Stat Boost – Pre-Gens – Barris Adquinal


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I had an idea for a new semi-regular post earlier in the week that may well turn out to be a lot more work than I anticipated. By the time I realised that, though, I was a few hours deep into working on it, at which point it seemed a shame not to run with it. So here it is.

This is the first post in a new addition to Stat Boost – pre-generated characters, built with interesting roleplaying rather than min-maxed stats in mind, with character sheets for every level from 1st to 20th. It’s intended to be used when you need a character for a one-shot and don’t have time to create one, but you could just as easily run this character through a campaign and save yourself having to make any decisions when levelling up. I don’t know why you’d want to do that, but it’s certainly possible.

This character was built for roleplaying. What that means is that it’s not necessarily built with ‘optimisation’, or ‘power’, or ‘min-maxing’ in mind. One example of this is that even though Barris is a Warlock, he never takes any invocations that increase the potency of his eldritch blast. I’ve tried to build a character, not a set of numbers. You get to decide whether it was worth doing or not.

With that out of the way, let’s get down to it.

Introducing Barris Adquinal…

[Portrait by Matthew Wilson]

A wood elf born to parents deeply ensconced within the clergy of Corellon [or whatever god is suitable to your campaign], Barris was raised in a world that ran deep with religion. His birthright, his destiny, was to follow in his parents’ footsteps, joining the priesthood and dedicating his life to worship. Unfortunately he never felt the call that seemed to possess his family and his peers, and once he was of age and no longer bound to follow the rule of his parents he left his home for good, drawn out into the world in search of a deeper truth that he was sure he would discover once he removed himself from the trapping of his old life.

He spent years – decades – living in isolation, taking to the remote, eldritch parts of the deep forests and eschewing all contact with civilisation. He meditated, he prayed to any god that would listen, he immersed himself in memories of the education he had received, hoping for even a glimpse of the answers he sought. But for years, nothing came.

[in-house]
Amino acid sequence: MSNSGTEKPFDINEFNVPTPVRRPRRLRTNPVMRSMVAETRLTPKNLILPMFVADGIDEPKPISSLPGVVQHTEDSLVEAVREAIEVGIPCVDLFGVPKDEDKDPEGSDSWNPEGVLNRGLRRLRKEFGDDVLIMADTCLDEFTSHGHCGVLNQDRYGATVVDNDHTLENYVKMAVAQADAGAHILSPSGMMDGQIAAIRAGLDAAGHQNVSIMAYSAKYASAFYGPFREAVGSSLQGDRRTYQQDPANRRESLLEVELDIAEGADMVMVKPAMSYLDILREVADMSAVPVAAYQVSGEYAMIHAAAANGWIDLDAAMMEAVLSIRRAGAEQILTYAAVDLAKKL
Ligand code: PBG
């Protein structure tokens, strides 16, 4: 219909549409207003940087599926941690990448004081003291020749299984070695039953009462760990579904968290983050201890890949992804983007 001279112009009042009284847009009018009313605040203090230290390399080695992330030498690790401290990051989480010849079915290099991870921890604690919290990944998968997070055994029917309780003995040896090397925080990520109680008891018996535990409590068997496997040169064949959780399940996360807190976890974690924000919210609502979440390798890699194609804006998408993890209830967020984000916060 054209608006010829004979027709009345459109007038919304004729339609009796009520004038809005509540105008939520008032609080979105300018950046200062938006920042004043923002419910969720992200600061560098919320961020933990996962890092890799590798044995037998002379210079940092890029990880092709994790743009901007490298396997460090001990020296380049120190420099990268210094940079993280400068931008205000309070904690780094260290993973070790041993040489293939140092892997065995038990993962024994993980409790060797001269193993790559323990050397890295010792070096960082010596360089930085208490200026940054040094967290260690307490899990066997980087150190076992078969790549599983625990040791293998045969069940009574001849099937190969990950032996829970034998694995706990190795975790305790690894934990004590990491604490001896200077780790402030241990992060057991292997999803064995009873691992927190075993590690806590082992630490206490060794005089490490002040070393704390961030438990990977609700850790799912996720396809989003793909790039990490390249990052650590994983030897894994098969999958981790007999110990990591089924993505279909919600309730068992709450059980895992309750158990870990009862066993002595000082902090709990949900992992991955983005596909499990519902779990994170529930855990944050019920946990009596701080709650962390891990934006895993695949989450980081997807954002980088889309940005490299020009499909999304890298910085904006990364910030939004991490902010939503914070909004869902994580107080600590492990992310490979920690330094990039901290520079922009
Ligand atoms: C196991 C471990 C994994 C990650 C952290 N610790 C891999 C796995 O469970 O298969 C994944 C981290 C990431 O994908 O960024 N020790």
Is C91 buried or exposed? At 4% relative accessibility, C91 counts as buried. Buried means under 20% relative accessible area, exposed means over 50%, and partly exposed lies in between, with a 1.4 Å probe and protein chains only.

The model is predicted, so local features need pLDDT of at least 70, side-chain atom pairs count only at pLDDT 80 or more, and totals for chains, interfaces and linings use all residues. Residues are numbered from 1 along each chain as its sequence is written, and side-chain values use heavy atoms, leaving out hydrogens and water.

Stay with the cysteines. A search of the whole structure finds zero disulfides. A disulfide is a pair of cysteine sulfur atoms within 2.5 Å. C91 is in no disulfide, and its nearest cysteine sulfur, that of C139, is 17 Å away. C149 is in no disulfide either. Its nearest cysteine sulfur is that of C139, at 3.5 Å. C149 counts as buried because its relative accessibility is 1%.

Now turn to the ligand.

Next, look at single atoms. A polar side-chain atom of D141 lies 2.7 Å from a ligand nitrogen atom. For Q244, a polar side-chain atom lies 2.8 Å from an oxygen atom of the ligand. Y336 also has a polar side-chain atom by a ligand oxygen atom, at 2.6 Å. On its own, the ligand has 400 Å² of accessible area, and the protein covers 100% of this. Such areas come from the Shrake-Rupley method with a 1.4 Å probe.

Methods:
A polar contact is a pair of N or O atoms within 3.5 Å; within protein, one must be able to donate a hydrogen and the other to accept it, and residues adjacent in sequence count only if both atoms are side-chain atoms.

Then, on a seemingly inauspicious day, he stumbled across an ancient shrine deep within the forest. There he learned of an ancient, forgotten god, a deity so old that not even the current gods knew of its existence. By all rights it should be dead, but in the ruins of the shrine he found a reliquary that contained a fragment of the deity’s power. That night the god spoke to him in his dreams, bidding Barris to rejoin society as its champion, and spread the true faith once more. In exchange he would be rewarded with knowledge beyond his wildest dreams. He took up this mantle with relish, and has been a champion of the true faith ever since.

By all appearances, Barris is a cleric of a long-dead god that nobody else will have heard of – so forgotten is this god that even its name isn’t known, to Barris or to anyone else.

In reality, the ‘god’ that spoke to Barris is a powerful fey creature who decided to have some fun with the desperate, starving elf who stumbled into the shrine. Barris had sought this kind of revelation for so long that he swallowed the story whole-cloth, and though he may one day learn the truth, it’s not in his nature to question what he has learned – especially as the powers his new deity grants him are very much real.

In D&D terms Barris is a Warlock whose patron is the Arch-Fey, but he fully believes that he is a Cleric and that his magic is divinely granted.

You can download his character sheets – for every level from 1 to 20 – here. There’s also a sort of ‘changelog’ in there, which acts as a quick overview of the options Barris took at each level, along with an explanation of how I’ve treated wealth and equipment.

The art for this post was kindly provided by Matthew Wilson. You can find him on the web at mad-matt.com, or on Twitter as @mattwandcow.

Let me know what you think of this, and whether you’d like to see more of these in future.


While I was writing this post, Trinkets became a Silver Bestseller over at DMs Guild. I’m really happy to see such a positive response to it, and I’m really grateful to everybody who’s supported me by buying a copy. Thanks a lot!

  1. Looks good! Although I was a little surprised it ended up Arch-Fey, instead of Great Old One. If you had mentioned it was archfey, I would have done… something different to the design.

    This is a cool concept. I can’t see myself using it too often, at least not for myself. If I needed a quick character for an ill prepared friend, this would be handy. But, for us DMs, it would be cool if you included a Monster Stat block to let DMs use him as a quick NPC. As we talked about, this guy has a cool story and you could base an entire questline around him

    • Honestly I don’t think I’ve got it in me to build stat blocks for every CR along with character sheets! I already provide a lot of DM-specific resources so the intention was to do something with more of a player focus as well.

      No worries about the design – I really like him and you weren’t to know! Thanks again 😀

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